What is Search Engine Optimisation?

Search Engine Optimisation (SEO) is the process of improving the ranking and increasing the visibility of a website in a search engine’s natural (organic) search results. This is different from Search Engine Marketing (SEM) which is paying for your website to rank on the first page for prescribed keywords.

SEO techniques can be classified into two broad categories:

White Hat

These are techniques that search engines recommend as part of good design and produce meaningful search results for consumers. These techniques include keyword rich copy, hyperlinks and user-friendly navigation. These techniques are Google-compliant and produce results based on relevance.

Black Hat

These are techniques that are designed to ‘game the system’ in the hope of producing a high page rank regardless of the search term. These techniques include link stuffing, keyword cloaking and hidden pages. These techniques are illegal/non-Google compliant and will result in the offending website being black-listed by Google – meaning your website would be lucky to be found on page *9,376 on your preferred search terms.

* Not an actual statistic but indicative of the severity of the punishment meted out by Google

Contributor:

Michael Field, Managing Director for Michael Field Pty Ltd.

Is the Annual Report a Marketing Document?

Annual Report season is finally over and accountants and auditors can now rest after a frantic few months.

While there is no doubt that the main objective of an Annual Report is to provide information on company performance and growth plans to shareholders and potential investors, it is also one of the most under-utilised tools a company has at its disposal.

For many, the Annual Report is purely a financial document that carries regulatory and reporting obligations. For others, it is a financial document with limited benefits such as attracting new investors or reporting on staff engagement and corporate social responsibility.

The Annual Report is one of the most important marketing documents their company will produce all year. The importance lies in the following reasons:

1. An Annual Report is the major document presented to the investor community. Every time you put information in front of people who make decisions about your brand as well as your financial performance, you are marketing. Therefore, it is important how you choose to present your results.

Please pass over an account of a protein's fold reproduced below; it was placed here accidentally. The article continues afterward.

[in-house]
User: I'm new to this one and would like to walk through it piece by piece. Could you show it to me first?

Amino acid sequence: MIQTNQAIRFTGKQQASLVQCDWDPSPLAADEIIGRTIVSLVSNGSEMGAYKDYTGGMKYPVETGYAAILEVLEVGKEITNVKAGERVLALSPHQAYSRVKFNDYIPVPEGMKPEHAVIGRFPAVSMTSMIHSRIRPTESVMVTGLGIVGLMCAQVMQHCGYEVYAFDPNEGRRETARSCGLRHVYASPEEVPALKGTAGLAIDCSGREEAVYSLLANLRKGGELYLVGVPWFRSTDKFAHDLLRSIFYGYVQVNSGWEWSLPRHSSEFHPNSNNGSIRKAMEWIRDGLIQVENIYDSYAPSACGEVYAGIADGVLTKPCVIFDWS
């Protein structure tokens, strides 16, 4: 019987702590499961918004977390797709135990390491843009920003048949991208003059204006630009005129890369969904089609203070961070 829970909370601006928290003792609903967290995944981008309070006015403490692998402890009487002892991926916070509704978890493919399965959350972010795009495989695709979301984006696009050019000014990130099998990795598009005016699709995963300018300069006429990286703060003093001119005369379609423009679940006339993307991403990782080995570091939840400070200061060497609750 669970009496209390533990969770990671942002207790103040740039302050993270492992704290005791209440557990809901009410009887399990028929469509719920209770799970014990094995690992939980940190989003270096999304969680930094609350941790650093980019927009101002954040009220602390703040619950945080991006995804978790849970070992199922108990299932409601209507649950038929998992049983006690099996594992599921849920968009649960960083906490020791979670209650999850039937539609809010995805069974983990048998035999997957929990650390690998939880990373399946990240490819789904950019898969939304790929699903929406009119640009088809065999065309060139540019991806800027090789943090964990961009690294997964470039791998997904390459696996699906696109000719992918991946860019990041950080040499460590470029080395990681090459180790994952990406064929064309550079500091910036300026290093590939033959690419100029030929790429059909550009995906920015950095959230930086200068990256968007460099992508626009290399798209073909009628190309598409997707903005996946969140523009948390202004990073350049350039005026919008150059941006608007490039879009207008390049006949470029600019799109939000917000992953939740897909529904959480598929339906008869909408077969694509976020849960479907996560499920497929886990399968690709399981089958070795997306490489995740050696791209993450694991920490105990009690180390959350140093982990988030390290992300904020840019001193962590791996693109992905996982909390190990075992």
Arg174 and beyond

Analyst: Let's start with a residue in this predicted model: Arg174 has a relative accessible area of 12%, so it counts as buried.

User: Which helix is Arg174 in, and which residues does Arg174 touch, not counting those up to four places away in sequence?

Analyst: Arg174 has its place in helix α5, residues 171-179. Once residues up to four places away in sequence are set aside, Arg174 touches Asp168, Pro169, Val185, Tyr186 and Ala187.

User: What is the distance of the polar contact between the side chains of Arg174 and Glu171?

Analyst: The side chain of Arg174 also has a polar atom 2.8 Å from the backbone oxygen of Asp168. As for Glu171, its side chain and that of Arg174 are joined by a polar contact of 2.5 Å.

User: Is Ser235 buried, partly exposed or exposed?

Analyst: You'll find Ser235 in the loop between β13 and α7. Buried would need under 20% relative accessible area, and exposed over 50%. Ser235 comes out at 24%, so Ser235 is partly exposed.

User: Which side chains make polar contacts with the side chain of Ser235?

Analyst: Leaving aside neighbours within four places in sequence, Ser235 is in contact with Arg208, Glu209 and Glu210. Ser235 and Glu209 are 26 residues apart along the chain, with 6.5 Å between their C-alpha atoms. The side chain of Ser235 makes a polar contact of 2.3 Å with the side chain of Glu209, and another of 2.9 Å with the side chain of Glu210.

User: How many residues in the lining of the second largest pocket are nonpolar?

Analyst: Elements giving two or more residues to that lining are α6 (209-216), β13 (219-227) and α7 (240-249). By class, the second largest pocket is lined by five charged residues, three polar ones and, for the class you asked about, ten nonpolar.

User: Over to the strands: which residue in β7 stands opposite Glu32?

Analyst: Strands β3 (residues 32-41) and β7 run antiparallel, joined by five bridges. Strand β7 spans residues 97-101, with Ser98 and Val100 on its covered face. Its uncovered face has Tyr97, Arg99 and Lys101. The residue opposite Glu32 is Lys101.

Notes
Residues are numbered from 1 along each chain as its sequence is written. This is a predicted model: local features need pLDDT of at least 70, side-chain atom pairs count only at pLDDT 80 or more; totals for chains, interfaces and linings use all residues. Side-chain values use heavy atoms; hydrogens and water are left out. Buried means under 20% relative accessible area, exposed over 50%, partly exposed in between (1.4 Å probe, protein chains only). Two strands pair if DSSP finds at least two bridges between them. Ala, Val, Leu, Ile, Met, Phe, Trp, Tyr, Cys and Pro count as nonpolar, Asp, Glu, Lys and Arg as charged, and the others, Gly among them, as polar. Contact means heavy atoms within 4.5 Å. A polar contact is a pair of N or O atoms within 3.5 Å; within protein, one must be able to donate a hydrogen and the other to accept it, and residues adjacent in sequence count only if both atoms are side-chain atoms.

2. An Annual Report is monitored by key customers and suppliers to get a gauge on the entire businesses performance, not just its financial performance.
3. An Annual Report provides businesses with the opportunity to present their brand and ‘sell the benefits’ of their products to their customers.

The marketing potential of the Annual Report is enormous. How important is your Annual Report to your business?

Contributor:

Michael Field, Managing Director for Michael Field Pty Ltd.

 

Is the hype over the new Apple iPhone 5s and 5c worth it?

iphone 5c

Hype marketing has been around for quite some time, but no one has been as successful at it in recent times as Apple.

Traditionally, hype marketing conjures images of a product which seems: too good to be true, is in limited supply, is on sale for a limited time or is somehow exclusive (but wait, there’s more!).

It seems that in today’s demanding marketplace, this no longer works – or does it? Is hype marketing working as well as it should?

Look at what happened last Friday – the release of the new iPhone 5s, 5c and the wiz bang new operating system iOS7.

There was plenty of hype – Apple’s launch describes a product that in many ways seems too good to be true. The new phone models are available in many colours, but already in Australia the demand for “gold” phones has far exceeded supply. And as far as exclusivity – iOS7 is only available for use on Apple products.

As expected, there has been plenty of hype: product launch, plenty of media speculation and, of course, Friday’s intense media saturation over the launch.

Apple used to do hype extremely well – it kept tight secrets about the product. However, this release has been deemed newsworthy for at least the last 4 weeks (so much for secrets). More importantly, it seems that the innovation that should be associated with the hype has failed to materialise. New features include a fingerprint scanner to improve security, new colours, a cheaper model (some say that’s what the “c” stands for in 5c – cheap), and a new operating system. As far as I can tell there is no real difference in screen size, battery life or overall performance. These would seem to be top of my list when thinking about buying a new phone, yet Apple seems to have ignored these items.

The main drawcard is the new operating system – it has over 200 new features creating a quicker, easier system to use. However, you don’t have to the latest phone to upgrade to this system. Phones as old as the iPhone 4 will be able to download the new iOS7, lowering demand for the new models.

So, is Apple losing its touch when it comes to Hype marketing?

Contributor:

Susan Botterill, General Manager for Michael Field Pty Ltd.